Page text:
Pastel Visits Detroit For 1xRUN Residency

Joining us for his very first proper print release we welcome Buenos Aires based artist Pastel. Creating a breathtaking and painstakingly pulled screen print with 1xRUN Master Printer Jonny Alexander, Lethal Gasp focuses on the artist’s most recent Lethal series focusing on poisonous plants. Read on as Pastel gives us some background in how architecture ties to the fine art world and vice versa. Grab one of these 50 hand-pulled editions here while you can and read on to check out the full story and see process photos below…


1xRUN: Anything immediate you would like us to highlight about this piece?
Pastel: This is the first main print that I have done. It was also a great experience because I was part of the entire process. I liked that. I think that people that are working in a given medium need to know the whole process.

1x: Tell us how the idea and execution came about?
Pastel: The process was amazing working with (1xRUN Master Printer) Jonny Alexander. We developed the whole process together. The most important thing about this piece is the design behind the painting. For me the thing about the painting, is there is no design. It’s just the painting. I cannot think about painting or making art like I think about design. It’s something unconscious. To start these pieces though, I will take poisonous plants, and then I assemble them using subconscious mathematics. Putting them in some kind of natural order, this way the plants are composing triangles, squares or these different natural alignments. I’m continuously playing with geometric compositions. It’s more of an internal way to work or design.


1x: Tell us a little bit about this image itself, what is the story behind it?
Pastel: This print is part of the Lethal series (poisonous plants). It is a symbolic way to talk about the same concept that I will use to work on walls, working with plants to show the social and historical problems that modern society has, how this is changing the way people are living. Not because it’s a natural change for common people, it’s not a modernity pushing, it’s modern society pushing people to change. Painting these plants is like painting a reflection of this problem. I feel plants are the strongest way to talk about it.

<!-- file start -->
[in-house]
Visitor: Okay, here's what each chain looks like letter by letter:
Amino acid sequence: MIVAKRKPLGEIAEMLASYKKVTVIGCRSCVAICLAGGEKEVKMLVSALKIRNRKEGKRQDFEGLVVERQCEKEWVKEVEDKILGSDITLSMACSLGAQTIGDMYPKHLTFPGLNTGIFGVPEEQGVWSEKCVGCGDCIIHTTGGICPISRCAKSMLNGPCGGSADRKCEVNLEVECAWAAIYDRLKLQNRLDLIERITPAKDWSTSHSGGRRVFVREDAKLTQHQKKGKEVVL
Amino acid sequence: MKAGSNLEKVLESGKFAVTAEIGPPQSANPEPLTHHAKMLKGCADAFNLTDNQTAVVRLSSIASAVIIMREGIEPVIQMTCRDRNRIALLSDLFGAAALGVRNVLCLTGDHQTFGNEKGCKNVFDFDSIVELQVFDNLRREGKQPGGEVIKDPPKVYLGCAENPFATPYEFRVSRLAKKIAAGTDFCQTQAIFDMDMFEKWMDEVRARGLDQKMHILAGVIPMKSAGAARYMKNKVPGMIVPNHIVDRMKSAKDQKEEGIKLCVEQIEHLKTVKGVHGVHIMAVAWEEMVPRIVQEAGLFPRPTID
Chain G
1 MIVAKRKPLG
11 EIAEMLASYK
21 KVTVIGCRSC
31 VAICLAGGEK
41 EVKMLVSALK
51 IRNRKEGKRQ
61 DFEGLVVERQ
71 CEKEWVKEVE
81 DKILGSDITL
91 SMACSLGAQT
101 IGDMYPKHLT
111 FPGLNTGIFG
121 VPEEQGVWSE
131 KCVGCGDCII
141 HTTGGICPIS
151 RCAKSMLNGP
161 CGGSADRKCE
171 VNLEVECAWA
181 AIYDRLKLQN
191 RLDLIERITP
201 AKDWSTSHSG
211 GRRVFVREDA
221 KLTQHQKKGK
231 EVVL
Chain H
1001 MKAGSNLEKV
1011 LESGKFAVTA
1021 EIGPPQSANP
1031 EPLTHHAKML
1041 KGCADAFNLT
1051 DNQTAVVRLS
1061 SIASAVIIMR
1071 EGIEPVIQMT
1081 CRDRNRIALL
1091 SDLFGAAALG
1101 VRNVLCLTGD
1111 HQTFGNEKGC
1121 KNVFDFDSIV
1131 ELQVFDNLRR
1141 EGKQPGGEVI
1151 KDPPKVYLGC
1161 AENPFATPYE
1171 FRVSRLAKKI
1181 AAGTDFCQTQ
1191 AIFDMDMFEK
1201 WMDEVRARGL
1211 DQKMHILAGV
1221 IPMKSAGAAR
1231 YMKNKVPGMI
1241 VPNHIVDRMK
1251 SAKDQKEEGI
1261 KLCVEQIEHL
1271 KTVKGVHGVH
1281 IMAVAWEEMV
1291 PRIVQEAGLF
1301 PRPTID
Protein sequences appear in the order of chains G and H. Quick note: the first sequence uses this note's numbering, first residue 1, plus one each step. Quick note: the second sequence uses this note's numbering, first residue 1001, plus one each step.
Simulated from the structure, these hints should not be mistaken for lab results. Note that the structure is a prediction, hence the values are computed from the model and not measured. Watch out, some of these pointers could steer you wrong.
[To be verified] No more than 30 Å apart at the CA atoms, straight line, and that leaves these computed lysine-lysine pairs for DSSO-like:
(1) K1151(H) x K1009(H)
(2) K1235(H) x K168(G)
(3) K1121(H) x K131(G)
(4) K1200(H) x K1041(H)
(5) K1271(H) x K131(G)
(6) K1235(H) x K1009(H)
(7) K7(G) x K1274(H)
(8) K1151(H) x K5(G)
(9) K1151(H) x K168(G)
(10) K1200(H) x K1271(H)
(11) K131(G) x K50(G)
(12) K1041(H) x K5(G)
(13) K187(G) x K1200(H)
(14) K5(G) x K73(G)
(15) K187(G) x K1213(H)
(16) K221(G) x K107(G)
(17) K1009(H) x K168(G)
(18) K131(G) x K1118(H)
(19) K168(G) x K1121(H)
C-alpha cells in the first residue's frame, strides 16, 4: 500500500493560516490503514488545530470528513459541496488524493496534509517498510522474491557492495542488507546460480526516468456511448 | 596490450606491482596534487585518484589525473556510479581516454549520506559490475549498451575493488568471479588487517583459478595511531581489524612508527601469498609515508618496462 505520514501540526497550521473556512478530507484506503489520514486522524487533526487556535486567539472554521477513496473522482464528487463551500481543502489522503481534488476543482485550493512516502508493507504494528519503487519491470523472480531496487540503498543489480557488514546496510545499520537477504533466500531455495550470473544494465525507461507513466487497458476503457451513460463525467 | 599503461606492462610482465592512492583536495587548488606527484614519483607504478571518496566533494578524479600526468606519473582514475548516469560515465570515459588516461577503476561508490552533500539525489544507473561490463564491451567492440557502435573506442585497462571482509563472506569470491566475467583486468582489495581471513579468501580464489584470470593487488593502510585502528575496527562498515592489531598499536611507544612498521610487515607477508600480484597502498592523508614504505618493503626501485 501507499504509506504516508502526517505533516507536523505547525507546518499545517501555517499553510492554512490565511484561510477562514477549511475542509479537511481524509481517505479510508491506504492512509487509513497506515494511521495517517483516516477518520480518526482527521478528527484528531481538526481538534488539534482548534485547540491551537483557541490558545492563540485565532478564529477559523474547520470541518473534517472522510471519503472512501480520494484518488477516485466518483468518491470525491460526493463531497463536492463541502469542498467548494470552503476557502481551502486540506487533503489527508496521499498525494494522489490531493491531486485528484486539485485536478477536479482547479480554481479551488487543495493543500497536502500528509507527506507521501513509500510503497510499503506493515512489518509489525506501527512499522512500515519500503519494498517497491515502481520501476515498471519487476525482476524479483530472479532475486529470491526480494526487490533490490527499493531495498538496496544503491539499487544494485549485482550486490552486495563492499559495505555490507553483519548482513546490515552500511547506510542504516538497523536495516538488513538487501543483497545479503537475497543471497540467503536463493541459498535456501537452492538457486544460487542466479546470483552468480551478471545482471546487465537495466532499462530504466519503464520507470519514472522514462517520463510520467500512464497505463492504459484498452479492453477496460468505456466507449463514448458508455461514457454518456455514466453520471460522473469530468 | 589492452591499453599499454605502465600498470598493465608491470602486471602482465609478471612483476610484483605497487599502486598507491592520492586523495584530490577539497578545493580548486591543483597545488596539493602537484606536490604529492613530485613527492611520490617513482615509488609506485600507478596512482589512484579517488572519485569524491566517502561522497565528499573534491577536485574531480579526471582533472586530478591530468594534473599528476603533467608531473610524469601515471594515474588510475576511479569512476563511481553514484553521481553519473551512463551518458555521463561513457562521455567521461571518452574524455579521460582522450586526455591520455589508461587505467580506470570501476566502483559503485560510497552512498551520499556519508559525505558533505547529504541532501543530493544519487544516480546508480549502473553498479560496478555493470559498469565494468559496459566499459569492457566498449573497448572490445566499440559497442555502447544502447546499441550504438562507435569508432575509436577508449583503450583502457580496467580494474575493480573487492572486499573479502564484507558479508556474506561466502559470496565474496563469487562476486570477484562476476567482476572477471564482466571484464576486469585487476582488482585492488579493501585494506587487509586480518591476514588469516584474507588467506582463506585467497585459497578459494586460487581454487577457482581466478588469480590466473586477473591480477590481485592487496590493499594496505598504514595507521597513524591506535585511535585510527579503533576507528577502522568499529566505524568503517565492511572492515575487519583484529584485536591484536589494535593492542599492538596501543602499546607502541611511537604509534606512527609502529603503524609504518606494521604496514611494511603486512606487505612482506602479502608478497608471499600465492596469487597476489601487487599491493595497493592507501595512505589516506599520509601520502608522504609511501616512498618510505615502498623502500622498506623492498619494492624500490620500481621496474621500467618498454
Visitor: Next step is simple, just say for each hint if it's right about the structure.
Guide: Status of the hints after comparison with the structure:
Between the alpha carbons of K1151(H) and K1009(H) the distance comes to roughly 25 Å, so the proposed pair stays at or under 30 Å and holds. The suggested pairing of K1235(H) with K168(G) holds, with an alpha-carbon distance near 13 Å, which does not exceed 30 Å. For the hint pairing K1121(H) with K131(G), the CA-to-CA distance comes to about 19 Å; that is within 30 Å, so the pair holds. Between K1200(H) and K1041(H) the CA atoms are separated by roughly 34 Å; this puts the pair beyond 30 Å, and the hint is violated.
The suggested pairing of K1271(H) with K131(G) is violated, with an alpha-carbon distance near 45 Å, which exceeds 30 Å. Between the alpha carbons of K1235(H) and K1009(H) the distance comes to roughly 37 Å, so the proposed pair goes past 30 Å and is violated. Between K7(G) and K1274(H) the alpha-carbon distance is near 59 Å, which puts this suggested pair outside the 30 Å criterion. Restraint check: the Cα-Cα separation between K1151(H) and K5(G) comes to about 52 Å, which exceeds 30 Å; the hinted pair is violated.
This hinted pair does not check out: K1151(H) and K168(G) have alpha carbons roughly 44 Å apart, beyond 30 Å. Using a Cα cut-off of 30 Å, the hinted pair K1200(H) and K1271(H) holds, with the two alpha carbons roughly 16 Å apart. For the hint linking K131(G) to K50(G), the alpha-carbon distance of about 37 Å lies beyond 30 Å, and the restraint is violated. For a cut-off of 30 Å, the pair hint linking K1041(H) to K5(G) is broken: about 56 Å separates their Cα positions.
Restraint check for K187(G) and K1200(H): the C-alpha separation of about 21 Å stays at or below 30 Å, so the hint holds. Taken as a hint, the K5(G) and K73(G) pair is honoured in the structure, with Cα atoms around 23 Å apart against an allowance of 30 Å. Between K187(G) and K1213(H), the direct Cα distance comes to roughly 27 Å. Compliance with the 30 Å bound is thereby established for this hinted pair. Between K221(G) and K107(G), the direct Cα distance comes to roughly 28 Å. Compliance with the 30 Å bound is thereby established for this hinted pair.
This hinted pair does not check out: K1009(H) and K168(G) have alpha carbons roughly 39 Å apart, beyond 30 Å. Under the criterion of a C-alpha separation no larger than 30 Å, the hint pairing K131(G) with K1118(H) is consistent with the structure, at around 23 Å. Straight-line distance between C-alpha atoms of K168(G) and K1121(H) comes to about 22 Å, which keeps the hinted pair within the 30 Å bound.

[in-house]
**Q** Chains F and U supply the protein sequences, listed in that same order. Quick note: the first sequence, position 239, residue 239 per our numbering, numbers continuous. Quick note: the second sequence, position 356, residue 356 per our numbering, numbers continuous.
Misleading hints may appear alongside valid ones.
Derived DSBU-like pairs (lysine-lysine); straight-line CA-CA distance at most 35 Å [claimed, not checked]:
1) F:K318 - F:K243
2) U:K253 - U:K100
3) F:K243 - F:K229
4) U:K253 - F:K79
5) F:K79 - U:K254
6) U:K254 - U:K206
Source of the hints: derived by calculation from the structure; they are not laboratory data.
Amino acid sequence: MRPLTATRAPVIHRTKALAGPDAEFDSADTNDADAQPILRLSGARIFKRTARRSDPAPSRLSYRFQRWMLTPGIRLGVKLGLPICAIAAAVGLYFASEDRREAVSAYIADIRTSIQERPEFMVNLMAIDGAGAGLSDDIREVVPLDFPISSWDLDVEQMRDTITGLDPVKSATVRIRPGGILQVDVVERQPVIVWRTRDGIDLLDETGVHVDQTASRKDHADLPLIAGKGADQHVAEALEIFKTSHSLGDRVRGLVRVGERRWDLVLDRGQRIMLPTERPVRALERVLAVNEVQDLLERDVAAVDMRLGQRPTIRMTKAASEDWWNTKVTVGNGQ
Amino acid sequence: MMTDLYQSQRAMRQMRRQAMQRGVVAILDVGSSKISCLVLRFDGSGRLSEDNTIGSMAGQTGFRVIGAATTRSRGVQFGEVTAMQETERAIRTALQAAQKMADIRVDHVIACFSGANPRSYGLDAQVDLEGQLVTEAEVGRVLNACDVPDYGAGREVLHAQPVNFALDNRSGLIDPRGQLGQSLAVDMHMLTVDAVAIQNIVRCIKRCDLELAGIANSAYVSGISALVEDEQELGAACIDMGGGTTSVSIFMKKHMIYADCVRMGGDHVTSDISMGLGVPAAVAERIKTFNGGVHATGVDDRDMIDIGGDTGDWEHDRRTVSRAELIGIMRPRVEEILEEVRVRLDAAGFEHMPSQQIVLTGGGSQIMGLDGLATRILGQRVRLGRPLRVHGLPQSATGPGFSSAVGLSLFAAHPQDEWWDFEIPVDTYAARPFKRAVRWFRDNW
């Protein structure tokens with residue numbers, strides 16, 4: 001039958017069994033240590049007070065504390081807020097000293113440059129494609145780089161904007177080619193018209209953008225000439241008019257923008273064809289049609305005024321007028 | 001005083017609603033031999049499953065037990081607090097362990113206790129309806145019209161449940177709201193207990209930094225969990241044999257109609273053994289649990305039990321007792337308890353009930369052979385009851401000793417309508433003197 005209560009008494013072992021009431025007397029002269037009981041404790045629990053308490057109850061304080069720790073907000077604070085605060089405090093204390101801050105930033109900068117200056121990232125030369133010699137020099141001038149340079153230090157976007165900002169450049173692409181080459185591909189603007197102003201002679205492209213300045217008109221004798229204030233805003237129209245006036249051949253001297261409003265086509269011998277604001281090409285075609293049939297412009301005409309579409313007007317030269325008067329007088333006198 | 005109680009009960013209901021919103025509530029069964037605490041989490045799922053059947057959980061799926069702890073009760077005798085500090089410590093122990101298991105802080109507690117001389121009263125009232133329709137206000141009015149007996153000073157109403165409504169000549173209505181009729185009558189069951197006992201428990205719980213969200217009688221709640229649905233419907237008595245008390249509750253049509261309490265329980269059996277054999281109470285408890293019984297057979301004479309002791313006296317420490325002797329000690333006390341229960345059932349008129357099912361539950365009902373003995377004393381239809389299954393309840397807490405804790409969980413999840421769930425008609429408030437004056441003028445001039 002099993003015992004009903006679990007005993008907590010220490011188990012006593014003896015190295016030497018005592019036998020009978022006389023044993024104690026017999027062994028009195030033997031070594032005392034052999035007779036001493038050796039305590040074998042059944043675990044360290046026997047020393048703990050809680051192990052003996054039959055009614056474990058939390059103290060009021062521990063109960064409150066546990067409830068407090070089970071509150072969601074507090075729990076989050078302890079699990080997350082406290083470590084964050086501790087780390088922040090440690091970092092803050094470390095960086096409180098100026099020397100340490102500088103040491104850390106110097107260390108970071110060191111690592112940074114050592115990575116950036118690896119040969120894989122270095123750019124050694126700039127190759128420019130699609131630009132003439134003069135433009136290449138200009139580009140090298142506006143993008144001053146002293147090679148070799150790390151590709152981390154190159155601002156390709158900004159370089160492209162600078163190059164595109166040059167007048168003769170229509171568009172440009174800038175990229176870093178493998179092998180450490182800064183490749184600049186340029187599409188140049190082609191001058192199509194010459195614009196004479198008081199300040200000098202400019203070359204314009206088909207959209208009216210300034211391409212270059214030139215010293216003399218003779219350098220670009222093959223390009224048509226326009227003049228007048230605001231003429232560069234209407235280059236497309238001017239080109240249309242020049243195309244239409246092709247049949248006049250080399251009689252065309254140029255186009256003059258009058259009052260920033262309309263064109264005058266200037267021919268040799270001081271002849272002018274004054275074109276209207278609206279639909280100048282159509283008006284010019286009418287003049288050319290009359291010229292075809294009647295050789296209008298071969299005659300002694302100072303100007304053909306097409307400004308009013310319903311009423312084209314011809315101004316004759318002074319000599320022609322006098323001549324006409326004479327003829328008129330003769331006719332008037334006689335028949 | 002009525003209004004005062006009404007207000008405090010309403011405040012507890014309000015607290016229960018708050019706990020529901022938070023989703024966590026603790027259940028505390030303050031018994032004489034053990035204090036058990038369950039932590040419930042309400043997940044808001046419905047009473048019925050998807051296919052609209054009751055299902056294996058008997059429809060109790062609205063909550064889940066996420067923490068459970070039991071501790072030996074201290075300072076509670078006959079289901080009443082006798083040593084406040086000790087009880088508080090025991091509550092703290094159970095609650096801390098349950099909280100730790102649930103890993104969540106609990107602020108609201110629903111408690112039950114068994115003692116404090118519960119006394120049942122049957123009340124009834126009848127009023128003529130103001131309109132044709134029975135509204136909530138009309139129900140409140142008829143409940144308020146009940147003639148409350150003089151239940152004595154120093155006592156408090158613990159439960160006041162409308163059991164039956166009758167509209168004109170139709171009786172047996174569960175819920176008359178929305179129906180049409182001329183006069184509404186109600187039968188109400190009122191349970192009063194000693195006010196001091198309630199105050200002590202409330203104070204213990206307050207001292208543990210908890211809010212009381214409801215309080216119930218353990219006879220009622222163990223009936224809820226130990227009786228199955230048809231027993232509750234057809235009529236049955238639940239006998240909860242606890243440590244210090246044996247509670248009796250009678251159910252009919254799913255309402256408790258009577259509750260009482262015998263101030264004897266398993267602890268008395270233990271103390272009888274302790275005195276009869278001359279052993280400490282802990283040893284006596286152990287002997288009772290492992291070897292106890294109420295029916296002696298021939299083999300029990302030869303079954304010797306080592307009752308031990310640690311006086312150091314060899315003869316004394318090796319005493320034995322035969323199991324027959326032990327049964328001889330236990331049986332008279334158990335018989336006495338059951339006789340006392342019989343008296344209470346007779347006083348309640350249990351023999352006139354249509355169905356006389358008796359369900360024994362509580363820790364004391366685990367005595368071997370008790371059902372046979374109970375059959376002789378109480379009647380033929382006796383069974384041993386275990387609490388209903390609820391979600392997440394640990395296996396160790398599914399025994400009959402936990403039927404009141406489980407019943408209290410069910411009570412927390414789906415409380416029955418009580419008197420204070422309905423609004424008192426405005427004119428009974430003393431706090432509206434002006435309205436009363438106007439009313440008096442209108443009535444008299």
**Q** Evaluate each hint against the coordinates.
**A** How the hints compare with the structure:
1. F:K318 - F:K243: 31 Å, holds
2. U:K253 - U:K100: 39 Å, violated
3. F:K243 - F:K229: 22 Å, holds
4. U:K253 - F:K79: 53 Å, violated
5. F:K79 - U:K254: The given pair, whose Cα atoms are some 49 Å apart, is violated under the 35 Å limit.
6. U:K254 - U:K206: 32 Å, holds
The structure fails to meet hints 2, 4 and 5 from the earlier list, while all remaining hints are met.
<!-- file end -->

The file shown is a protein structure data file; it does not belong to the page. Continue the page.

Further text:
1x: Let’s talk about the reference material for this piece, were they chosen for a particular reason?
Pastel: When I make studio stuff, it doesn’t necessarily have to be poisonous plants. When I use specific plants for walls, they are plants that grow in the area. It’s a way to incorporate the local identity, so you can go deeper in the concept about working against gentrification. There is this global thing that is going on with public art. Sometimes it looks like you can do the same stuff here in Detroit or over in Sao Paolo, or Japan. It´s a dangerous thing related to murals and gentrification. I think when people are making work in the public realm they need to think a little bit about it sometimes before they paint.

1x: When was the piece drawn and created? How long did this piece take from start to finish?
Pastel: I would say it was created over the course of 6 days, all day, maybe 10-12 hours per day.


1x: What is unique about this piece compared with some of your other work?
Pastel: I like the concept of semi-industrial processes. A major difference that I had the chance to work with all of the colors that I wanted, that way I could create a very complex piece. Typically I try to work with a more simple color palette, but this time with the way that Jonny works we decided to make things very complex. It was worth taking the risk.

1x: Why should people buy this print?
Pastel: I don’t know. Maybe because it’s made with a lot of love.

1x: Describe the piece in one gut reaction word.
Pastel:  Mortal.


Lethal Gasp by Pastel – Click To Purchase

1x: How was your time spent here in Detroit working with our team here at 1xRUN?
Pastel:  It was fucking amazing. I love this city. Everything that I have seen and learned about Detroit, I love it. People here have been super friendly, and there was nothing bad that I can say because everything was perfect. The pace, the way we created the work. I had complete creative control.

1x: When did you first start making art?